The New Orleans Times-Picayune just went from being a daily to a thrice-weekly. The NYT has the story:
In May, the parent company of The Times-Picayune, Newhouse Media, announced large-scale cutbacks as well as plans to reduce publication to three times a week in favor of an expanded Web site. Saturday’s edition represents the official end of the old publishing schedule, and made New Orleans the largest metropolitan area in the country without its own daily newspaper. Citizens are waiting to see whether or not a streamlined and primarily digital Times-Picayune, together with a collection of blogs, television and radio, can serve the purpose the paper once did.
This isn’t a full-fledged funeral, since Newhouse Media will continue to publish a print edition. It’s more like the patient has taken a turn for the worse—and not unexpectedly at that. The trend is clear: the economics of print are terrible and young people continue to turn away from old fashioned newspapers. It’s only a matter of time before print is phased out completely, especially in smaller markets.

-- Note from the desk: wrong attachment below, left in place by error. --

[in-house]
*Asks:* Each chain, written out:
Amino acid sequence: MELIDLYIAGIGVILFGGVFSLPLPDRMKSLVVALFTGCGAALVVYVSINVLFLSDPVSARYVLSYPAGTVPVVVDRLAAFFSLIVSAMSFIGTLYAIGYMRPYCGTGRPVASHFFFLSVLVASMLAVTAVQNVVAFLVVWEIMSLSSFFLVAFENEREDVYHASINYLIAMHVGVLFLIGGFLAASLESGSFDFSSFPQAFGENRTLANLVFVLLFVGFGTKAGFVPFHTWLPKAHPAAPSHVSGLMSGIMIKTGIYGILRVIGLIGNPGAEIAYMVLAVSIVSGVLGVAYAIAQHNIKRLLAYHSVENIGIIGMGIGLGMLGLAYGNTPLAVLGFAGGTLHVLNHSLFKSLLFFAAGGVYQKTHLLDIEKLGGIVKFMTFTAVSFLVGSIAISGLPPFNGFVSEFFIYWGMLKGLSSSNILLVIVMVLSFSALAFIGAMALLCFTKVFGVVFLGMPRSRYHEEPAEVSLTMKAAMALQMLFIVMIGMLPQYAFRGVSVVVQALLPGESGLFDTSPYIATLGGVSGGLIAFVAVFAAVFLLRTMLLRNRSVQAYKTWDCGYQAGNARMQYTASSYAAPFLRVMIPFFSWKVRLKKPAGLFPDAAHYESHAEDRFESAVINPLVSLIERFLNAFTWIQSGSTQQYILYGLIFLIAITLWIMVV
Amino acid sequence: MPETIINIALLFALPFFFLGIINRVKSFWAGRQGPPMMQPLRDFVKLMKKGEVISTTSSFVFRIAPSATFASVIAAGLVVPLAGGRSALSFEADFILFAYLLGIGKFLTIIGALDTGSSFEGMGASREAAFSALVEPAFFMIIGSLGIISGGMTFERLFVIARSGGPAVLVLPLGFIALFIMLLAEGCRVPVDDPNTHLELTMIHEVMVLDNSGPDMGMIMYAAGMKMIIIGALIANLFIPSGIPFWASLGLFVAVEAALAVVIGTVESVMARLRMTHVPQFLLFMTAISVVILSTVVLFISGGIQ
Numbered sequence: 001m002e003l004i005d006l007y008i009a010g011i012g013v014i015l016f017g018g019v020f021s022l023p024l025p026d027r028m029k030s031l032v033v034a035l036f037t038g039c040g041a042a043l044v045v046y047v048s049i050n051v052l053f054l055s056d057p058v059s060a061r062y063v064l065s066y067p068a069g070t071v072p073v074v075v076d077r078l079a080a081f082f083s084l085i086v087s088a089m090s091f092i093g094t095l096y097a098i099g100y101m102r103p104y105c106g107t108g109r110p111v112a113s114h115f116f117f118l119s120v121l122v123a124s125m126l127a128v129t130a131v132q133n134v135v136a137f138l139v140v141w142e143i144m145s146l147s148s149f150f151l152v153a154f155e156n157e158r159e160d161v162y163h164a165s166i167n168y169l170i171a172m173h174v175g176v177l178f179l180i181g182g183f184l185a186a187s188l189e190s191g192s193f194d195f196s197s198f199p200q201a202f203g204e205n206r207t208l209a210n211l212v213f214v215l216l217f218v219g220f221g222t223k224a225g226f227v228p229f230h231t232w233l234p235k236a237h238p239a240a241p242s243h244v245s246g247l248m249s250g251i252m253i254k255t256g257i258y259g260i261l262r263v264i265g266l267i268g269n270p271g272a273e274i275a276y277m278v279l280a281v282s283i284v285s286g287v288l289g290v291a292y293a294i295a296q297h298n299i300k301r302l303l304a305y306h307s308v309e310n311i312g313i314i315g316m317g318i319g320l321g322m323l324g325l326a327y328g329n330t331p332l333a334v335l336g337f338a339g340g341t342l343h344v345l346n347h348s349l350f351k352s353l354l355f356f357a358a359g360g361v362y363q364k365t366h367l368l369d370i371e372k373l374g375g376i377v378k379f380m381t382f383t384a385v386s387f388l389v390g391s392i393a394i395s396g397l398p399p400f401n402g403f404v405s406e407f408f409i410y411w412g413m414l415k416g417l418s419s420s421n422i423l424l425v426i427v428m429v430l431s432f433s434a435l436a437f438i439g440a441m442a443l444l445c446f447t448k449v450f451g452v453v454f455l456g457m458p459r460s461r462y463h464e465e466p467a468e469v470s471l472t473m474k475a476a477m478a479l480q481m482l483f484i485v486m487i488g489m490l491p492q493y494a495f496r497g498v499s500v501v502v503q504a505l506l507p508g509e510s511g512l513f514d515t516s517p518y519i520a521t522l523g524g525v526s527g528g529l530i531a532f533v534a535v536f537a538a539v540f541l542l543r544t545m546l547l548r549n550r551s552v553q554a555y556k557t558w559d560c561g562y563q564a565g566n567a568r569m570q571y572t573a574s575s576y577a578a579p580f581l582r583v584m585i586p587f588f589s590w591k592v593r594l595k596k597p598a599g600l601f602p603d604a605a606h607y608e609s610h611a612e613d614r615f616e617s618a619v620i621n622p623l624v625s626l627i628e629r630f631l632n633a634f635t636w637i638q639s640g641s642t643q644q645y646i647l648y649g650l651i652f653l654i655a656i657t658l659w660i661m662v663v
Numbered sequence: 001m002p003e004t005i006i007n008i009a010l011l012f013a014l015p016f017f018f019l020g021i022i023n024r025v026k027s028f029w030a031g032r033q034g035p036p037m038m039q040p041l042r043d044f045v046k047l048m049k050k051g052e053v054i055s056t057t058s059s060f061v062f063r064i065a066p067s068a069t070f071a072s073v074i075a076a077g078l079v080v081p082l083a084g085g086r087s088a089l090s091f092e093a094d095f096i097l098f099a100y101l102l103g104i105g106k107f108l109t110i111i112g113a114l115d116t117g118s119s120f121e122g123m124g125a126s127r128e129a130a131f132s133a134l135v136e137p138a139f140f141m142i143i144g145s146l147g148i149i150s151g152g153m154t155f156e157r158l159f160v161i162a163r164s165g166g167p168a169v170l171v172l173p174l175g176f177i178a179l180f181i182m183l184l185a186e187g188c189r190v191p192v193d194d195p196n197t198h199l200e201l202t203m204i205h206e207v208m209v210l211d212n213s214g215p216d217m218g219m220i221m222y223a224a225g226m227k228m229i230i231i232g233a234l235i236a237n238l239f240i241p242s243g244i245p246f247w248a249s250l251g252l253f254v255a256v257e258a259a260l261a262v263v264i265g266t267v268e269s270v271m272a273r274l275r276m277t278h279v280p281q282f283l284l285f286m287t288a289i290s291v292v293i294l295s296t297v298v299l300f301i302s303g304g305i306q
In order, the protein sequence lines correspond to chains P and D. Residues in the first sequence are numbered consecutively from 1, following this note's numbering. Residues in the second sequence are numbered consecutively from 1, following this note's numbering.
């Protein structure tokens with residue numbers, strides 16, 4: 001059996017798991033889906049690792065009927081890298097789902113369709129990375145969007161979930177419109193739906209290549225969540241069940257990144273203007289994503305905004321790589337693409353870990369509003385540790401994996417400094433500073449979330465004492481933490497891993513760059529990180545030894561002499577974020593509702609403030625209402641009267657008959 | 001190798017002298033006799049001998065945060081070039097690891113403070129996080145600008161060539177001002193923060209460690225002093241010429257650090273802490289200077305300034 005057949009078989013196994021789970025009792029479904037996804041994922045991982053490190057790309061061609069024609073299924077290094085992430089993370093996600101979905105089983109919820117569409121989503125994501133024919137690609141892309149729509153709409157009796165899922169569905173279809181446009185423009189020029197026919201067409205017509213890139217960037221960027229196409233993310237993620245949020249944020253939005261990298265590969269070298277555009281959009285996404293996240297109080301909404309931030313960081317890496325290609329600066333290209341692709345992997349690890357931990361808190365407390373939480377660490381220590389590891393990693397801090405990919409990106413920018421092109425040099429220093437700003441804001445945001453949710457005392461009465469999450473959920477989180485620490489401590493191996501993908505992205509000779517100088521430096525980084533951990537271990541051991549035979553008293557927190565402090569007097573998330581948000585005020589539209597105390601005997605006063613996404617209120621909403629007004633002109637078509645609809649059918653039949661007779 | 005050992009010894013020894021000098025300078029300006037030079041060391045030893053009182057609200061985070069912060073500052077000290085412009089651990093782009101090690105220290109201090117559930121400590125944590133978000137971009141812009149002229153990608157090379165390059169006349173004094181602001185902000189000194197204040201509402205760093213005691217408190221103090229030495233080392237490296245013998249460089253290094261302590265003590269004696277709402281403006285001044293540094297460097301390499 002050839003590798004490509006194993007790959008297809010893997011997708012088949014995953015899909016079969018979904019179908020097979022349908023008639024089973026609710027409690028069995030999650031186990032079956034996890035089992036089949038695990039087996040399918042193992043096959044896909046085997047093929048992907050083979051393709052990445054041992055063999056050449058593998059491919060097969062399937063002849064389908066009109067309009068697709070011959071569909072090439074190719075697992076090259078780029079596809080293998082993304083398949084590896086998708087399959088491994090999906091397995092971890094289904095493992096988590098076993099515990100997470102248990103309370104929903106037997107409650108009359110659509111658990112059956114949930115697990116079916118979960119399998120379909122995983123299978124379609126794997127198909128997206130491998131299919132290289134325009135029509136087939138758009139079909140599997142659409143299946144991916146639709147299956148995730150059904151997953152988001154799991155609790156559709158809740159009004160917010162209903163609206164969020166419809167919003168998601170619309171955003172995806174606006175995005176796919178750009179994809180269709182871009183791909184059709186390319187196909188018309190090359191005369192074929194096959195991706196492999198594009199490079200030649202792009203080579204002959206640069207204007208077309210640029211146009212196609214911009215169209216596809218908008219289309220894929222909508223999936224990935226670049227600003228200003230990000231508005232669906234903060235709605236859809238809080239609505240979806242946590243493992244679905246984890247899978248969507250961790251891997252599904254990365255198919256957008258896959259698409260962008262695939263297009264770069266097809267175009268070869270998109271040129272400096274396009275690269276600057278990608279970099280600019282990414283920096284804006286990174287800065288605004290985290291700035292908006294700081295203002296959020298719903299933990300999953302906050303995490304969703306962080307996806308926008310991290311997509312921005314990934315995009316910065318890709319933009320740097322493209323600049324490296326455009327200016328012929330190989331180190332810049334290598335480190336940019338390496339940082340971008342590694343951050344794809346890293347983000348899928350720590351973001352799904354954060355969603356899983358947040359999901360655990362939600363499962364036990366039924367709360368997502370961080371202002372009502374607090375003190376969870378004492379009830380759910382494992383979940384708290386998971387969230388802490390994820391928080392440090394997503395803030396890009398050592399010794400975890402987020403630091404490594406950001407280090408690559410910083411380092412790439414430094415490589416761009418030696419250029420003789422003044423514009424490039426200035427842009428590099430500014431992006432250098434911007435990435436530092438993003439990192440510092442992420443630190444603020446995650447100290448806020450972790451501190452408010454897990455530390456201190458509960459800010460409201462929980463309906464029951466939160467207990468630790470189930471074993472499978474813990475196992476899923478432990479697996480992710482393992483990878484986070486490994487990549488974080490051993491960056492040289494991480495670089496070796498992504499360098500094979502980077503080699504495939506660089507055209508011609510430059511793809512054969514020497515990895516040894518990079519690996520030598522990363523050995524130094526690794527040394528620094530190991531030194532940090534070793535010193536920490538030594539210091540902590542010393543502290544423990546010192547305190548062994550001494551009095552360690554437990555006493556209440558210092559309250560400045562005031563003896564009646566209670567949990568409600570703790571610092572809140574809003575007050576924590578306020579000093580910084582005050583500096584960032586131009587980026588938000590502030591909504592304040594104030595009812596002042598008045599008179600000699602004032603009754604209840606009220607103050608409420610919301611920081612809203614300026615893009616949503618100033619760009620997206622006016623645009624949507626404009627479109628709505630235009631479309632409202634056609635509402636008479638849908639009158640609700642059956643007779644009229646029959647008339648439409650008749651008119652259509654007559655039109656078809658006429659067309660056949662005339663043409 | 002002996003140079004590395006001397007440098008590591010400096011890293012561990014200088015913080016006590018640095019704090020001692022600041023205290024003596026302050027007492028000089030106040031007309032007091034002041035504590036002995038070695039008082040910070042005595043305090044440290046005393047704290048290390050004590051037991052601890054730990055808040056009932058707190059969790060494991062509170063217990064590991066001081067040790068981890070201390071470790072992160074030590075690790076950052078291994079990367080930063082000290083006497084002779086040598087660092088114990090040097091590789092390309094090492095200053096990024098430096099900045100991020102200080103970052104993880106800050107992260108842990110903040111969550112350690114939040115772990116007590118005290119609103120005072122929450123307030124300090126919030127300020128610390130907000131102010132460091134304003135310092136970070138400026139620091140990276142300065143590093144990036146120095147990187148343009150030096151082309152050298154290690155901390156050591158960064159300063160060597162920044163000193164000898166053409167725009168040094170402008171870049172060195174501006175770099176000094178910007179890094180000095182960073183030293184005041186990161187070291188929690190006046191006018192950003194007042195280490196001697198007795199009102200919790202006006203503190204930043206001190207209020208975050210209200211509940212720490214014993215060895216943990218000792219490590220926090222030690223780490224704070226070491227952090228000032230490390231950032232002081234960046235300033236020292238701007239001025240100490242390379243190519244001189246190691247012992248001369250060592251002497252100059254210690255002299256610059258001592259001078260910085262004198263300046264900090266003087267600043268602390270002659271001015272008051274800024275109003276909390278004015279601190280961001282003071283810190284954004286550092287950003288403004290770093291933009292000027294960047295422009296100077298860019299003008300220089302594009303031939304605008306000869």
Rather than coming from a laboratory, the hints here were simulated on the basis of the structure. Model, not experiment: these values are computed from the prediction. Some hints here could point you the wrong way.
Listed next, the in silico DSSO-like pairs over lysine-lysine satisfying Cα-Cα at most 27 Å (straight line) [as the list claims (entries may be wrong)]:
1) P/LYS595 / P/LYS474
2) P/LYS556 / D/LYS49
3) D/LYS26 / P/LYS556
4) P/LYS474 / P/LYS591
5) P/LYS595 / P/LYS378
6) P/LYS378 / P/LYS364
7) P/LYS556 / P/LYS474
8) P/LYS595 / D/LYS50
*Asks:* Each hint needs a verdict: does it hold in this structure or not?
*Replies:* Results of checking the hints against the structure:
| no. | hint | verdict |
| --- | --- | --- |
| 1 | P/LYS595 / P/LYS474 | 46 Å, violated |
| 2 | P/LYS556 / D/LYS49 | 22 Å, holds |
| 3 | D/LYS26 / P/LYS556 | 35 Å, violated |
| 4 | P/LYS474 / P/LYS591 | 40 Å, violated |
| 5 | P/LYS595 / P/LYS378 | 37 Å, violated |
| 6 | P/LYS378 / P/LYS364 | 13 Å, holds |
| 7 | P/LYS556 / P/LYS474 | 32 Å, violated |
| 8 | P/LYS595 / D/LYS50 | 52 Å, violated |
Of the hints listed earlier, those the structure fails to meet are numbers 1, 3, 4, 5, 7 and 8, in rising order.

And as you read these kinds of stories, remember that one reason so much of the legacy press is filled with doom and gloom about America’s shift towards an information-age economy is because this shift is killing the jobs of mainstream print journalists. It’s as if we had blacksmiths covering the rise of the automobile industry: there would be lots of stories about car crashes, pollution, traffic jams — and not a lot of news about how people were getting where they wanted to go more quickly and efficiently.